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Delays Beset Smart National ID Card
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Delays Beset Smart National ID Card

The National Organization for Civil Registration (NOCR) launched a plan to replace the current ID booklet with smart national cards five years ago. But its implementation is beset with problems due to the inadequate computing technology infrastructure, causing unnecessary delays, Alef newspaper reports.
Smart ID cards are in line with the government’s digitalization plans. Electronic cards will facilitate authentic identification of individuals; and smart cards are the key to electronic governance. With the implementation of the smart card project, services will reach people in an easier, quicker and  organized way. Equally important, the smart card can also be linked to the distribution of subsidies, electronic health records, electoral process, and other public services. Thus it can upgrade the quality of life.

  20m This Year
The former chief of NOCR Mohammad Nazemi Ardakani had said registration for smart ID will commence in the second half of the current year (started March 21). In the past, the identity card booklets were imported; “however, today we can rely on domestic capacities.” He said according to the memorandum of cooperation between the NOCR and the National Printing House, 17 million smart IDs will be issued in the current year (ends March 20, 2016), and another 30 million next year; in all 50 million cards will be issued by the end of next year (March 20, 2017).
Alireza Avaie, the newly-appointed head of NOCR stressed the importance of completion of the Smart ID project within the deadline, but said he cannot promise “the exact number of cards to be ready by the end of the year.”
Abbas Salahi, member of the Majlis Social Commission expressing dissatisfaction in the delay over the project, noted that “necessary infrastructure has not been prepared; nevertheless, a pilot in some cities is underway to pinpoint and address the problems.” He further emphasized that implementing smart IDs nationwide require huge funding, resources, and expert level assessments.

  Features
The smart ID card will match a person’s fingerprints with their personal information details once identification is established. Additionally, the cards will contain digital signature of the holder, which is different from electronic signatures. While the latter is a scanned copy of the handwritten one, digital signature comprises of a pair of special keys allowing the user to sign documents and legal papers using the keys. The method increases the security of documents by signing and coding them through digital signature.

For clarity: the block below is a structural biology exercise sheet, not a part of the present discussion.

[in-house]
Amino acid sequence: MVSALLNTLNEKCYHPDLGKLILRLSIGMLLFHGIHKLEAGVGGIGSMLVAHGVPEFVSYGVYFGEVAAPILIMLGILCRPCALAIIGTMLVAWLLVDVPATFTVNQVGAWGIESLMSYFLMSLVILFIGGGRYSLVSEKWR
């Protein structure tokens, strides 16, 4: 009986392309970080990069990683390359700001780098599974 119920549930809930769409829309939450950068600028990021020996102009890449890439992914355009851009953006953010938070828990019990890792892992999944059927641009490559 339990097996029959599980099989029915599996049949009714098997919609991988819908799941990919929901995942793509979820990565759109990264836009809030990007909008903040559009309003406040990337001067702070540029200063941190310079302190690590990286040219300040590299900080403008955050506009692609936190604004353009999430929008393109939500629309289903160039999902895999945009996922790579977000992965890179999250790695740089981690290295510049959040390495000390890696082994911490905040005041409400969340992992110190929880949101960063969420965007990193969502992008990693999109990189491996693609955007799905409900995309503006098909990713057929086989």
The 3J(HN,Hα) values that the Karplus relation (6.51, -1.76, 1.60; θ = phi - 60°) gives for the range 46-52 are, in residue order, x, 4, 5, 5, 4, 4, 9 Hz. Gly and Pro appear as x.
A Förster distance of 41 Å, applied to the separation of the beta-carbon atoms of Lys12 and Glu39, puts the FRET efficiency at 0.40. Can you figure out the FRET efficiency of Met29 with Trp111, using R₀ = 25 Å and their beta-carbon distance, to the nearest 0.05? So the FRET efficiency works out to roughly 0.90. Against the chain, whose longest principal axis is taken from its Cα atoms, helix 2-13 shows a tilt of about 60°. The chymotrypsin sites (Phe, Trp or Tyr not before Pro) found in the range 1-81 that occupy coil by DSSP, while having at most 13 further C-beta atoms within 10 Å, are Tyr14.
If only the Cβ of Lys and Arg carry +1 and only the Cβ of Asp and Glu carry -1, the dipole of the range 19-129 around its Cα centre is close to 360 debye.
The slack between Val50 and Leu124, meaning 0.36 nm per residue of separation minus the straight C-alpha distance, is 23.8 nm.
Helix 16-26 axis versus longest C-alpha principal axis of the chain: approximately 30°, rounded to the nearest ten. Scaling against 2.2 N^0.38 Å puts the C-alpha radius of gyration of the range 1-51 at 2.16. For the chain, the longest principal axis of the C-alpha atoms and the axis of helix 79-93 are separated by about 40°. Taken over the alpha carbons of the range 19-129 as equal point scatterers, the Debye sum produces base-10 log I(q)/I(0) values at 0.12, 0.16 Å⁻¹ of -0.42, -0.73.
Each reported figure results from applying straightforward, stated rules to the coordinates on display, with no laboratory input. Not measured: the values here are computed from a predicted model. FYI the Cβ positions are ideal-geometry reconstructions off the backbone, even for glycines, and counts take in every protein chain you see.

Smart IDs are expected to be highly secure, where first level data (identity information) is revealed after owners’ verification, and second level data can only be accessed through designated Personal Identification Number (PIN codes).
With identity and health records, as well as driving license in one digital card, it would be fair to say that the smart ID card is perhaps the most daunting informatics project in Iran.

  Asian Pioneers
Many countries have already started designing or implementing the smart card project. Almost all Persian Gulf and most of the Far Eastern countries have commenced their smart national card project. In Asia, Malaysia, Singapore, and Hong Kong have been the pioneers of this project and all citizens have smart national cards. A common point in most smart cards is the digital identification and confirmation of identity. Electronic identification is less prone to errors.
The smart national card follows the same procedure of a traditional ID card, but the identity confirmation in addition to the photo, also has biometric data (fingerprints). More important, the biometric data is digitally available for investigation and eliminates the possibility of impersonation.

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